Remember that Congressional insider trading scandal? The one where Congress members were caught trading stocks and bonds on insider information, an apparent crime for everyone else but Congress? Well, after a lot of public posturing leading to the passage of a reform law (with resulting positive press coverage) – Congress is back to their old tricks.

Congress approved a bill Friday to eliminate expanded financial-disclosure reporting requirements for Senior Executive Service members, just days before the new requirements were to go into effect.

The bill indefinitely suspends the filing requirements for 28,000 Executive Branch employees, including SES members. The Senate approved the measure by unanimous consent Thursday evening. The House followed suit Friday.

So much for reform.

The Stop Trading on Congressional Knowledge (STOCK) Act, which Congress passed last spring, was designed to deter insider trading by members of Congress and some 28,000 senior federal employees. Under the bill, these feds were be required to file reports of new transactions in stocks, bonds, commodities or other securities that exceed $1,000 to the Office of Government Ethics — information that would eventually wind up on a publicly searchable database .

Along with SES members, the new measure also exempts congressional staff.

Why should future lobbyists have to disclose their financial statements? How can they double deal and sell the public out if they have to tell everyone about it? See, the original bill was not pragmatic enough.

These exemptions undermine the entire point of the bill. The STOCK act was, not surprisingly, opposed by the Senior Executives Association who did not want SES members to face public scrutiny. This concern was properly overruled during the bill’s passage due to the recognition that the public interest in knowing whether or not SES members were insider trading is more important than the fear of facing inspection. Not to mention, if you want to work for the government you should be expected to conform to these standards and embrace transparency. It is called the public sector for a reason, these are employees’ financial not health records. It is more than reasonable for the public to know if there are any conflicts of interests among the people they are paying to serve them.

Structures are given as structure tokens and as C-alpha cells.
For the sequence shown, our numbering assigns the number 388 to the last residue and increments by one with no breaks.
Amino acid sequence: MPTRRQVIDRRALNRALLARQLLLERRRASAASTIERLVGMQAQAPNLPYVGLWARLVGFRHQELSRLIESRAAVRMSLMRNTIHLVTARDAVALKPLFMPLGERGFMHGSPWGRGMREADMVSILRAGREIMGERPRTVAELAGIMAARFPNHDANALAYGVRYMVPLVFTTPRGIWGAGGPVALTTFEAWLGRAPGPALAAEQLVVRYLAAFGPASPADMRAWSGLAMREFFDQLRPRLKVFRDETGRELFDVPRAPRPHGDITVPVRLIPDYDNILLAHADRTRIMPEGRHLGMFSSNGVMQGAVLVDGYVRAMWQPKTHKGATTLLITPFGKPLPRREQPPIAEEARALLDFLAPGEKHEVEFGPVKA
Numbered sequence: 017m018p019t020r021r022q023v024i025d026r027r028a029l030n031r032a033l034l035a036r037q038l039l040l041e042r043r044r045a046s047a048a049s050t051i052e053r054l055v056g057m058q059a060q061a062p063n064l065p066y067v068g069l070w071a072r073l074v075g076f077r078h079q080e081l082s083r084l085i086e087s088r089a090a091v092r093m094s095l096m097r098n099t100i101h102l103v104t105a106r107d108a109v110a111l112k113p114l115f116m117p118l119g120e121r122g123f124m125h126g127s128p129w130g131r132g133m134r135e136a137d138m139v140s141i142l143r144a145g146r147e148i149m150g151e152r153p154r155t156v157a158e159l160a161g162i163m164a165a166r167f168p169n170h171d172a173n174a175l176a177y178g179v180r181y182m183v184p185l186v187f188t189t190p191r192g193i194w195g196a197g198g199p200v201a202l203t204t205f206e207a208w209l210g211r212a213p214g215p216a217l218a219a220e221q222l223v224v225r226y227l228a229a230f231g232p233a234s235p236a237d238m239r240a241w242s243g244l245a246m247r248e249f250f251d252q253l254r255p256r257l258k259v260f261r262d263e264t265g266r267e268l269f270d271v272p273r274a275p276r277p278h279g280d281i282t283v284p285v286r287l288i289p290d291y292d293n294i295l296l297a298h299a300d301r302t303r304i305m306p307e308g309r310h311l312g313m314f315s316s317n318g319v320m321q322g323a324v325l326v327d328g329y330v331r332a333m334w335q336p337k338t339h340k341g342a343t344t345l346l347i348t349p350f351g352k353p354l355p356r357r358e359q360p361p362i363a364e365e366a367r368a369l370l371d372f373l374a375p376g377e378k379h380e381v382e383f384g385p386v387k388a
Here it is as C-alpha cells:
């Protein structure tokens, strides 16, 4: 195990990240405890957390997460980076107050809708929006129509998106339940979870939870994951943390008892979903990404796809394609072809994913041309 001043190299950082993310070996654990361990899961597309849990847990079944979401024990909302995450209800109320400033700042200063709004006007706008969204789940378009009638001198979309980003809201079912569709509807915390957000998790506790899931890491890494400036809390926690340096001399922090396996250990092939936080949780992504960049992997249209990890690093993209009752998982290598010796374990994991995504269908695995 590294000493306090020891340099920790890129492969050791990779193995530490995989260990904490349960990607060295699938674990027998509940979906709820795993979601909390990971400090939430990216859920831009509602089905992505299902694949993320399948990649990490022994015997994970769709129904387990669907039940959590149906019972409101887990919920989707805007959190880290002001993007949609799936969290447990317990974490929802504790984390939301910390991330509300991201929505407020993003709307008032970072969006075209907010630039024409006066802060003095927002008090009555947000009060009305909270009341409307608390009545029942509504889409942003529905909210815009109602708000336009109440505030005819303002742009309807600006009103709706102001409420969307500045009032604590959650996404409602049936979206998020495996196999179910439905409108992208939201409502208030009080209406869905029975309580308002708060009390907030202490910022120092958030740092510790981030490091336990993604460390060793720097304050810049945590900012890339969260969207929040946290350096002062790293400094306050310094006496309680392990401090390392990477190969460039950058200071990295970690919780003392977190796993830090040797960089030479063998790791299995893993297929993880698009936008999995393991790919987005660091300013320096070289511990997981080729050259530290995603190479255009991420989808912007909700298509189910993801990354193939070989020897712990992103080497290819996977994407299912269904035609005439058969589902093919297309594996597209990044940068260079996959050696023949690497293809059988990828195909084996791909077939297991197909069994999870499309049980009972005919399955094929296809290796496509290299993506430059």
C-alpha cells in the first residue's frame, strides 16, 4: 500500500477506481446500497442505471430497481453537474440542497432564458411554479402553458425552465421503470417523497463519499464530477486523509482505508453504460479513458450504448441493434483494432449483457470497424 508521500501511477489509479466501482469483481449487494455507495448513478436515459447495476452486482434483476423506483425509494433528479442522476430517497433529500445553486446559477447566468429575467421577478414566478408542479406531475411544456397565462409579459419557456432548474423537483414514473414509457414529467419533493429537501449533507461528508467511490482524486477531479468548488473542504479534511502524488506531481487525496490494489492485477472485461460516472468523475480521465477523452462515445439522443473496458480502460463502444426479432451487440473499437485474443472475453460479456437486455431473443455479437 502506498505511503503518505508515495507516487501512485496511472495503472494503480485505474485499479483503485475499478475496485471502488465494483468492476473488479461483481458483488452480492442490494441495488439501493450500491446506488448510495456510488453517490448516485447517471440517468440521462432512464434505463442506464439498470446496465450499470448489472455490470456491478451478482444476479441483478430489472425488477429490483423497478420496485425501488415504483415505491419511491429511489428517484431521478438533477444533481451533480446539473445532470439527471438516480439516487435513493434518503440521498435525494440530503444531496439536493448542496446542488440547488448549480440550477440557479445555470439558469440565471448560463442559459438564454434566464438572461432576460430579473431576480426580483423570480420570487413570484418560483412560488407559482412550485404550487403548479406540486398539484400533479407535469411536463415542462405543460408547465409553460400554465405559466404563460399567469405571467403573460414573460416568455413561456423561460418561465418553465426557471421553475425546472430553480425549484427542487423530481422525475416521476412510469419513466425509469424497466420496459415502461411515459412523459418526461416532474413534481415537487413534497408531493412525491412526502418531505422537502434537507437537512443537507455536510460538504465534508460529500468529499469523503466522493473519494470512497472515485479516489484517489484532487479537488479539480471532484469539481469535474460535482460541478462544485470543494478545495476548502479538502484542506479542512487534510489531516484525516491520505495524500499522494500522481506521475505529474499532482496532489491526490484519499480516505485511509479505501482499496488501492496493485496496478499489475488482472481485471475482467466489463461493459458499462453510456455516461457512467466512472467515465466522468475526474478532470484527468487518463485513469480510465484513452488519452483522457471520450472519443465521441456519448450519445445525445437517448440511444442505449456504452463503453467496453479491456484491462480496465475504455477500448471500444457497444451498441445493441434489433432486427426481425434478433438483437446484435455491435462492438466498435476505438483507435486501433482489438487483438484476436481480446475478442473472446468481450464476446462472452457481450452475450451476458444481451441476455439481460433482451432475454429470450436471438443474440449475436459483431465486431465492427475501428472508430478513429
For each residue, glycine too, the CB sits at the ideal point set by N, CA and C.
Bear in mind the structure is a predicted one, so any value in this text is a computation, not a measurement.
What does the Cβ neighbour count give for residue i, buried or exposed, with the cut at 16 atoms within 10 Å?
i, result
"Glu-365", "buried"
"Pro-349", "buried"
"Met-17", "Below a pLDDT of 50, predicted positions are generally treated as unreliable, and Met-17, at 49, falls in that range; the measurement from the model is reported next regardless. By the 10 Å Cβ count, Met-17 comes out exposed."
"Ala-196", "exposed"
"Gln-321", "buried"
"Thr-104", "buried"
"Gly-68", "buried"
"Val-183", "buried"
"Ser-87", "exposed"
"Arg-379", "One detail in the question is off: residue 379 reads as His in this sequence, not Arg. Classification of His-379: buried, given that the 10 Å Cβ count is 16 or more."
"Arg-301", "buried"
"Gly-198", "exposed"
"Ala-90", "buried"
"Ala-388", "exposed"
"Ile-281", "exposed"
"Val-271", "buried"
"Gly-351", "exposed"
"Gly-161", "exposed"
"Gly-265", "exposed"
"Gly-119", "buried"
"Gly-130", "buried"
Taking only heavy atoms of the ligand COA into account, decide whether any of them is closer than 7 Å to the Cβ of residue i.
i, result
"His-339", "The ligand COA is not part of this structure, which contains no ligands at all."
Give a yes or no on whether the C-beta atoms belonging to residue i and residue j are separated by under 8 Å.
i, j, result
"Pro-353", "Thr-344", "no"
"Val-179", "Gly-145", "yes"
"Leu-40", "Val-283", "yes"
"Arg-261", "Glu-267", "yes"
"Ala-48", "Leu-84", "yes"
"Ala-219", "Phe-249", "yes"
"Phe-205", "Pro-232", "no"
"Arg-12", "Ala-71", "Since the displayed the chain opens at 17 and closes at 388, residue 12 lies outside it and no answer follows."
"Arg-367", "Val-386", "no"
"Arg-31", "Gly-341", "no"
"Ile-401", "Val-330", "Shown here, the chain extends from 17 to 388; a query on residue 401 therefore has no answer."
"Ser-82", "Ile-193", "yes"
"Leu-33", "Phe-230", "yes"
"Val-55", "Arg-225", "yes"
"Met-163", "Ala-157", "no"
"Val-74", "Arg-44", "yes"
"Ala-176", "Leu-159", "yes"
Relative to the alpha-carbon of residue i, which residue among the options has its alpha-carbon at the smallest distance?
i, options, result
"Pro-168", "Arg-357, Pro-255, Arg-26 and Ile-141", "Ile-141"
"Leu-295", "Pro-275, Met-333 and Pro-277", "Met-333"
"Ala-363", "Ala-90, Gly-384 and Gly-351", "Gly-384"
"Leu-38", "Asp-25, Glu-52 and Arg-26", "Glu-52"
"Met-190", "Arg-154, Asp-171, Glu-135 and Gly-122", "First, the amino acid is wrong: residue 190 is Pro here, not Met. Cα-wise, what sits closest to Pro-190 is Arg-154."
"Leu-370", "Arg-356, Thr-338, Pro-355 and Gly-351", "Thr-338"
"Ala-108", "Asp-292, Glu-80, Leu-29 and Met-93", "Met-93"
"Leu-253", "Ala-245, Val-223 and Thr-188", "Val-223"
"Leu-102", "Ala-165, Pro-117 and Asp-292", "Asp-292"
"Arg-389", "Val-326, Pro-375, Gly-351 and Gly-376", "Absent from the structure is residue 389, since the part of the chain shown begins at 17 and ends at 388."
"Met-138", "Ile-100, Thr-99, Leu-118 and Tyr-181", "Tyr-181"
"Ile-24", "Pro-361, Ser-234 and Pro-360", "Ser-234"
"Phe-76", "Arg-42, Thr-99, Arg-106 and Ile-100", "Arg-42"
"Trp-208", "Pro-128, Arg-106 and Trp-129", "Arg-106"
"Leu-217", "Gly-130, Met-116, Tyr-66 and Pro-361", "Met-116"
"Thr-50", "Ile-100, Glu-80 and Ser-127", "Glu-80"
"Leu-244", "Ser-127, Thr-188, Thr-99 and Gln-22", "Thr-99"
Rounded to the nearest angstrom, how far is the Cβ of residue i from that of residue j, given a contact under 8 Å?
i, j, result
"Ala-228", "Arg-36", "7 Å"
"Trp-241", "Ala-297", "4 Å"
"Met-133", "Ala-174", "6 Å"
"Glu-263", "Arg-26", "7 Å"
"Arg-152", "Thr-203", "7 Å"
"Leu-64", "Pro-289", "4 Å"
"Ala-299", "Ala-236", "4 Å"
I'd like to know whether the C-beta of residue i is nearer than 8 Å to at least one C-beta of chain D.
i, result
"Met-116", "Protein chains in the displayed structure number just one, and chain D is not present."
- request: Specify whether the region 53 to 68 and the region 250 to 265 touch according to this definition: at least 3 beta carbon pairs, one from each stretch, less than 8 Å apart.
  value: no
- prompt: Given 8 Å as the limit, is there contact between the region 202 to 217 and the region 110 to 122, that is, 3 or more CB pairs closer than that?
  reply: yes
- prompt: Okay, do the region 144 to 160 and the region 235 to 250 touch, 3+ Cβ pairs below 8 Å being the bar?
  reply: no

Even more indefensible is the exemption for congressional staffers. This is precisely who requires oversight. These are exactly the people who often engage in the most inappropriate conduct regarding, shall we say, extracurricular compensation. The staffers and the industry lobbyists are the real gears that drive the machine in Washington. Letting congressional staffers escape transparency negates the entire purpose of the law.

Instead of of embracing the proverb of sunshine is the best disinfectant, Congress is trying to treat the public like mushrooms – feed them crap and keep in the dark. If President Obama is serious about changing Washington, he must veto this attempt at gutting the STOCK Act. Obama has now signed the law.